Truth about the March 8 Internet doomsday

While it's true some users may lose their Internet access next month, it's not the FBI's fault

Heard the one about the FBI shutting down the Internet next month?

Like many memes before it, this dire warning is floating around blogs and sites. It even names a date: March 8 as the day the FBI might "shut down the Internet." But relax, that's not really the case.

While yes, an untold number of people may lose their Internet connection in less than three weeks, if they do they only have nefarious web criminals to blame and certainly not the FBI.

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If people end up in the dark on March 8 it's because they're still infected with the malware the FBI started warning people about last November when it shut down a long-standing Estonian Web traffic hijacking operation that controlled people's computers using a family of DNSChanger viruses. The malware works by replacing the DNS (Domain Name System) servers defined on a victim's computer with fraudulent servers operated by the criminals. As a result, visitors are unknowingly redirected to websites that distributed fraudulent software or displayed ads that put money into the bad guys' pockets.

Here's the worst part: The malware also prevents security updates and disables installed security software.

To help protect victims, the FBI replaced the rogue servers with legitimate ones -- a measure the agency said would be in effect for 120 days. Had it not taken that step and simply shut down the bad servers back in November, infected computers would have been immediately blocked from Internet access.

So the current problem isn't that the FBI will be shutting down the Internet when the 120 days runs out on March 8, it's that many people and organizations haven't removed the malware from their computers. In fact, as many as half of Fortune 500 companies and government agencies are delinquent in updating, according to some reports.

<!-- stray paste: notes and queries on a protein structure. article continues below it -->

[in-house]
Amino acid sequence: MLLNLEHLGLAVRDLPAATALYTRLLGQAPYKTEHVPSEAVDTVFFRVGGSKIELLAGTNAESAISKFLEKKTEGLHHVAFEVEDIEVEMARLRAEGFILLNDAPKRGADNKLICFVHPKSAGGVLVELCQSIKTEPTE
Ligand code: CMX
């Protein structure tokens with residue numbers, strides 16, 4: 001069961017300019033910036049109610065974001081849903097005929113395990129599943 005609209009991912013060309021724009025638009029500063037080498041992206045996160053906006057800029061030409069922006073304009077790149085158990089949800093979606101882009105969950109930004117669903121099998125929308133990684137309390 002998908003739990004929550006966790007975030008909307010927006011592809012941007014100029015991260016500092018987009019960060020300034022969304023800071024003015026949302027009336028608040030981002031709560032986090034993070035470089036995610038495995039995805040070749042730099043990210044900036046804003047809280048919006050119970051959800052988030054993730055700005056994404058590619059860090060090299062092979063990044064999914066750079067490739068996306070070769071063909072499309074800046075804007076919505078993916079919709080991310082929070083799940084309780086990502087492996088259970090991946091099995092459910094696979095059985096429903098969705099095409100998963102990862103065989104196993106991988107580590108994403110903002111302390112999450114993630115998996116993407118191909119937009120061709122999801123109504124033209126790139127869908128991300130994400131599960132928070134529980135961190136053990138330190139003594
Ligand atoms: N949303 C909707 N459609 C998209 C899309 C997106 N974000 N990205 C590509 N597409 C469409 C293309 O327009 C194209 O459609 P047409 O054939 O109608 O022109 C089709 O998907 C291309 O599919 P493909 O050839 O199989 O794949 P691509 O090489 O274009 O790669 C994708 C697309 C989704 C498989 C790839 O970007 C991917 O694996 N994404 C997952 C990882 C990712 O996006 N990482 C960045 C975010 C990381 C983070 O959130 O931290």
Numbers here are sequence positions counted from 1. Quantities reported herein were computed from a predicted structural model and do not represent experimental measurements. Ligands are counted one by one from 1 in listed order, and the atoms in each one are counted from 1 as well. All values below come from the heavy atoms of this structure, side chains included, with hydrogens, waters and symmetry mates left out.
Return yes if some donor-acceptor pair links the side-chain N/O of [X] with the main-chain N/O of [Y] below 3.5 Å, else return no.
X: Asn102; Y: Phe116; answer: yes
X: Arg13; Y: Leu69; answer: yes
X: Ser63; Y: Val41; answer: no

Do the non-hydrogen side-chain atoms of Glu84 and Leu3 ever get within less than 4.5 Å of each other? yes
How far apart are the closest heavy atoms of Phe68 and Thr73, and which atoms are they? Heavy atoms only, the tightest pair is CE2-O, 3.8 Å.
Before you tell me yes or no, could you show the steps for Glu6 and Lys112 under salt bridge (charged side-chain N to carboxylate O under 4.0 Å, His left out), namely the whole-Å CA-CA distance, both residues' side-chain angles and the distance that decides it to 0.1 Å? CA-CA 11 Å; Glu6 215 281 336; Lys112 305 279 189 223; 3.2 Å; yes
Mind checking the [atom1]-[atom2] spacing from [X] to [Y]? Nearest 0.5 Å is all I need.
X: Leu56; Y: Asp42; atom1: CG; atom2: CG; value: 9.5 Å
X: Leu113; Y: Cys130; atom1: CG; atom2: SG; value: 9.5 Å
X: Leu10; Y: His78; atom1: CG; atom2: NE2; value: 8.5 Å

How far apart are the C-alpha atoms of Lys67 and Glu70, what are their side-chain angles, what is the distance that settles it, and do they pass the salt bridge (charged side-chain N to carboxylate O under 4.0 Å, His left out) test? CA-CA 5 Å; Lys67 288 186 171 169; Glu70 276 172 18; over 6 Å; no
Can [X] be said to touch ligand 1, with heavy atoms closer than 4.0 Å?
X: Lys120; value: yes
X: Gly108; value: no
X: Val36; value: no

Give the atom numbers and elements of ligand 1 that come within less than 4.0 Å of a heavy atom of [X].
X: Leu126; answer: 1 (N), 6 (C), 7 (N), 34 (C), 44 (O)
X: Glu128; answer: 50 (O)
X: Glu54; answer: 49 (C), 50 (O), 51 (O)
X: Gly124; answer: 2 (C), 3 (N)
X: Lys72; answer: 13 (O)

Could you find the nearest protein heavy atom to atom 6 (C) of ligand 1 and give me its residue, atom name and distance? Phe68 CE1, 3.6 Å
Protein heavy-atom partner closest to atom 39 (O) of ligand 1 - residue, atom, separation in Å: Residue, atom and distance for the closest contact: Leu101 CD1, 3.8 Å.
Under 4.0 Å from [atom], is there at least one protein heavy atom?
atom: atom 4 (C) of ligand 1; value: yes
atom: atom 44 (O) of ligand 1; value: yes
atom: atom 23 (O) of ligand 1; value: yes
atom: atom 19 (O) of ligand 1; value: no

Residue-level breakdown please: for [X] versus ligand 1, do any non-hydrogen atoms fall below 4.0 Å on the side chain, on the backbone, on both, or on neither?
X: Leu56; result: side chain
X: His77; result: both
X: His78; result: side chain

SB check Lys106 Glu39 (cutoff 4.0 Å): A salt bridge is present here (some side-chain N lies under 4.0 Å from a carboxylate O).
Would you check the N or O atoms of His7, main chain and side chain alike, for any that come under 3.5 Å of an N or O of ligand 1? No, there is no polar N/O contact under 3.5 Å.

So how do you know if your computer or router is infected with DNSChanger?

The FBI says the best way to know is to have them checked out by a computer professional, which admittedly isn't very helpful.

However, it does offer a resource paper PDF with guidance to make that determination yourself, although even if you find out your system is infected the FBI says you still need a pro to scrub your machine.

As another alternative, you can use the free Avira DNS Repair Tool to figure out if a computer is using one of the temporary DNS servers. Unfortunately, the tool only works on Windows and doesn't actually remove the Trojan.

Indeed, removing the malware is a challenge, and many people will be cut off from Internet access on March 8, reports the security news site KrebsonSecurity. It also notes that the industry and law enforcement group DNSChanger Working Group (DCWG) has a site that can help people check whether their systems are infected.

To get help, network administrators can send a request to one of the members of the DCWG and home users can use the step-by-step instructions at the DCWG Web site to see if they're infected with the DNSChanger malware.

If you determine your system is infected you can start from scratch and reinstall your operating system, or take the FBI's advice and get help from a professional if you want to remain online after March 8.

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This story, "Truth about the March 8 Internet doomsday" was originally published by PCWorld.

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